Who, or what, inspired you to take up wildlife photography? 

My uncle, Prakash Ramakrishnan, is one of my main inspirations. He has dedicated his whole life to wildlife photography. In fact, he spends most of his time in sanctuaries, and keeps telling me stories about all this trips. I think he knows all the tigers in all the national parks. I always listen with awe to all his stories. My father, Arul Karthikeyan, has always encouraged my interest in this field. He has also been a wildlife photographer for nearly 20 years – he spent three years studying black eagles as part of his ornithology research. 

I have had the opportunity to interact and travel with Shivang Mehta, and of course, the images he creates inspire me too.

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Sitara's family has encouraged her to pursue wildlife photography. Photograph courtesy Prakash Ramakrishnan

Recently, you’ve been involved in local conservation efforts too. We hear that you’ve been helping keep the forests around your home clean. Could you tell us more about this? 

I study in a boarding school, but when I come home to Sethumadai for the holidays, I drive up to the Anamalai Tiger Reserve almost every day. It is very disheartening to see plastics thrown all along the side of the road by irresponsible tourists. I am worried about wild animals consuming them.

I try to avoid the use of plastic as far as possible, even in my home. And whenever I drive up to the sanctuary I always carry a gunnysack in the car and pick up as much garbage and plastic as possible. I have been talking to the people in the check post as well, and encouraging them to educate the tourists who visit the sanctuary about what harm plastics can do to wild animals. I have seen them informing tourists, but often, it has little effect.

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Elephants at Jim Corbett National Park. Photograph: Sitara Karthikeyan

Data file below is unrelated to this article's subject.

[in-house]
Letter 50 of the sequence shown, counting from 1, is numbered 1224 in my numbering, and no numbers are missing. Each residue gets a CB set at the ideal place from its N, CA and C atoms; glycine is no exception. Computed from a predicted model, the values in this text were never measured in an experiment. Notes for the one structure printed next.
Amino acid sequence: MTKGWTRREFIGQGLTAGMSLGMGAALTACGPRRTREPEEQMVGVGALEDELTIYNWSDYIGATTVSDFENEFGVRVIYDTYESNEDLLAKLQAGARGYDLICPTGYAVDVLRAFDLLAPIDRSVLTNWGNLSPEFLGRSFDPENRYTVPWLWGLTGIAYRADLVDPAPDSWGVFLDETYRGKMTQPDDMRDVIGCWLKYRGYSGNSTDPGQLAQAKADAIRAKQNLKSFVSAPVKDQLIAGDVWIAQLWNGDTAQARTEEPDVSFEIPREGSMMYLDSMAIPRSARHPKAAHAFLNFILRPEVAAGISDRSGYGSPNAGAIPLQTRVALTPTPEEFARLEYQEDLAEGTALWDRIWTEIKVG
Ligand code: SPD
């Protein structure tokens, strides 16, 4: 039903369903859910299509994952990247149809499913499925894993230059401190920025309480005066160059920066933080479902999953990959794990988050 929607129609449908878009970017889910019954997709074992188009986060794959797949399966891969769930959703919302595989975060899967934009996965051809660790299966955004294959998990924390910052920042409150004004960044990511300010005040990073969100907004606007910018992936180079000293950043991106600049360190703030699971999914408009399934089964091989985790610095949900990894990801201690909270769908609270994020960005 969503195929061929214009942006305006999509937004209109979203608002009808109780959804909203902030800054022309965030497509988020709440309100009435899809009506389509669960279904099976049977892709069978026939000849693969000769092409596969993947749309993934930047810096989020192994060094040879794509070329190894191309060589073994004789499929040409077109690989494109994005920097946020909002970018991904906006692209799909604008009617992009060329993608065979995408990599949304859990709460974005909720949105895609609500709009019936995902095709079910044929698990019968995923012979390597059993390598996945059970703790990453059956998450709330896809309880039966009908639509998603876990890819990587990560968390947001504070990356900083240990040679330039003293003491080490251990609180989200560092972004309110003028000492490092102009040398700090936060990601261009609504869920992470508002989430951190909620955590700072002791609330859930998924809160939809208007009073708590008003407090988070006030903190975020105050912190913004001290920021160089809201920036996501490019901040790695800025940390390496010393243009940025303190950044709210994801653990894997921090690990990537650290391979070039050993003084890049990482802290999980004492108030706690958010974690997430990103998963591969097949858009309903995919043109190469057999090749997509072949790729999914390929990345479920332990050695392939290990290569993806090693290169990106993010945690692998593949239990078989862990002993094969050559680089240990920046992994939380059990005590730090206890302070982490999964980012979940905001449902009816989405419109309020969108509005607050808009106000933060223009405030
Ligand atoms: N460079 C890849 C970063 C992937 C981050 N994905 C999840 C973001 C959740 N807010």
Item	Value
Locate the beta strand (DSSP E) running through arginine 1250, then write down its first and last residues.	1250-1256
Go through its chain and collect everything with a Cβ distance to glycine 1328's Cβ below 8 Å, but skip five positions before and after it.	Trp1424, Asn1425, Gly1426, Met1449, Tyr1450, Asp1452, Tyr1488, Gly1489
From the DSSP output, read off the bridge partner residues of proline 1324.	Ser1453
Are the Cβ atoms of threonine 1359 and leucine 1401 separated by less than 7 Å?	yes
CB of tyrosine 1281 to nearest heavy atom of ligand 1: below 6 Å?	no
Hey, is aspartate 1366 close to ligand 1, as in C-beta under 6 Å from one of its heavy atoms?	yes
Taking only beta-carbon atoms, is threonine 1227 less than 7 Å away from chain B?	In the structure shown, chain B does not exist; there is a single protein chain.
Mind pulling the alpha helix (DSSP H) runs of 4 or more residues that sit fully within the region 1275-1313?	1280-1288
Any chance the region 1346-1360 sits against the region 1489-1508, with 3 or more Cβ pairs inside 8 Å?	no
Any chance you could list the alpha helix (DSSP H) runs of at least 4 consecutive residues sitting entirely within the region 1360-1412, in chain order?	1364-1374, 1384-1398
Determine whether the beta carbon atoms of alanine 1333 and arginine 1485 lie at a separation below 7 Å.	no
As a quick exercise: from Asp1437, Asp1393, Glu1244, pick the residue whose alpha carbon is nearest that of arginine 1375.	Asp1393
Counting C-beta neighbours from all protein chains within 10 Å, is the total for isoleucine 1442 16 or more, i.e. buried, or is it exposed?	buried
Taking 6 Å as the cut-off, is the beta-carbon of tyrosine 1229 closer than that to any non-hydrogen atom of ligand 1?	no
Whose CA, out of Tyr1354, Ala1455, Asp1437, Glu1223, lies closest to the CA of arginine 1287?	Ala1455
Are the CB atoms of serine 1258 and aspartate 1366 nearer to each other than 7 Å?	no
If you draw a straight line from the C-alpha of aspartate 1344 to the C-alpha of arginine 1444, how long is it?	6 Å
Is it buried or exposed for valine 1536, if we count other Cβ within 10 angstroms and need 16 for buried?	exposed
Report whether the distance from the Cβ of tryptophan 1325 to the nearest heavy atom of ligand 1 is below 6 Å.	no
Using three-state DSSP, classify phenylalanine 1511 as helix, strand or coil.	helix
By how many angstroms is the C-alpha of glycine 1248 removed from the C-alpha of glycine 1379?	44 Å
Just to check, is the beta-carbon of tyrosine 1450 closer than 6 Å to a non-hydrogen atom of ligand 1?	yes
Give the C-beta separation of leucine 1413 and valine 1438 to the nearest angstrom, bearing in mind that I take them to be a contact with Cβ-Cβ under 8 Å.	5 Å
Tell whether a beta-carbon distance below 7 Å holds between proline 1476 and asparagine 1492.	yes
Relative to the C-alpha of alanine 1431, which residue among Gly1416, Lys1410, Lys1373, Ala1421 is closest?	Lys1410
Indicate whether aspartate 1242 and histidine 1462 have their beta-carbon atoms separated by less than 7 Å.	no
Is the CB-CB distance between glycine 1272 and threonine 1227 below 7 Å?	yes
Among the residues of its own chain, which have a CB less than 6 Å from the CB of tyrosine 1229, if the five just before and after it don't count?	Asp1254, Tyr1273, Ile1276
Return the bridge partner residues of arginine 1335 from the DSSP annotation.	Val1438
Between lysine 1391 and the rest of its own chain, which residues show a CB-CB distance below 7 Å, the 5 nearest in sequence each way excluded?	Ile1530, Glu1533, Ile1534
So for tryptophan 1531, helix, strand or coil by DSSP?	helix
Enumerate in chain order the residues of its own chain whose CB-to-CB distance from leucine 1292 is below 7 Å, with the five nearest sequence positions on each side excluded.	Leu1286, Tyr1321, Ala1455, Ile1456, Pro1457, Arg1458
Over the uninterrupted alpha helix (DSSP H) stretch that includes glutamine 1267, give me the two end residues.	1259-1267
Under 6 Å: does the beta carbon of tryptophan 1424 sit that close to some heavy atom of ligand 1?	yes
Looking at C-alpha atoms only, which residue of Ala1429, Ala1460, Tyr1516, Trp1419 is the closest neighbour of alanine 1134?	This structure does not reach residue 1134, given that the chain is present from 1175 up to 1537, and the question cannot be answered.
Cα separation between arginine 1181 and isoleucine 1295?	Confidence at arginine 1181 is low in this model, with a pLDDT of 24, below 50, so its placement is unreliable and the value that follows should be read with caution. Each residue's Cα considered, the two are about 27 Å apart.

You and your older brother, Agasthya Karthikeyan, were selected by the International League of Conservation Photographers to represent India at Wildspeak in November 2017. The event brings together photographers, scientists, and conservation organisations to share ideas and debate on wildlife and conservation issues. What are the key conservation challenges you’re planning to discuss at the forum? 

It is indeed a great privilege to be chosen by the International League of Conservation Photographer (ILCP). A photograph can say a lot – I believe the message of conservation can be more powerfully conveyed by a single image than by many words written down.

I think one of the key conservation challenges in our country today is the littering of wildlife sanctuaries. Tourists lack education on how to keep the wildlife parks clean. Another menace is the feeding of wild animals by the tourists. This triggers many accidents where the wild animals get used to being fed by tourists, and start to roam around the roads, which leads to many of them being killed by vehicles on the highway.

I feel educating children about these issues will have a great impact. There should be conservation workshops at school – children should be taken to sanctuaries for a hands-on education as well. 

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A Bengal Tiger at Jim Corbett National Park. Photograph: Sitara Karthikeyan

Sitara Karthikeyan showcased her work at the Nature inFocus Festival, 2017. If you missed it, or would like to listen to her talk about wildlife photography, here it is.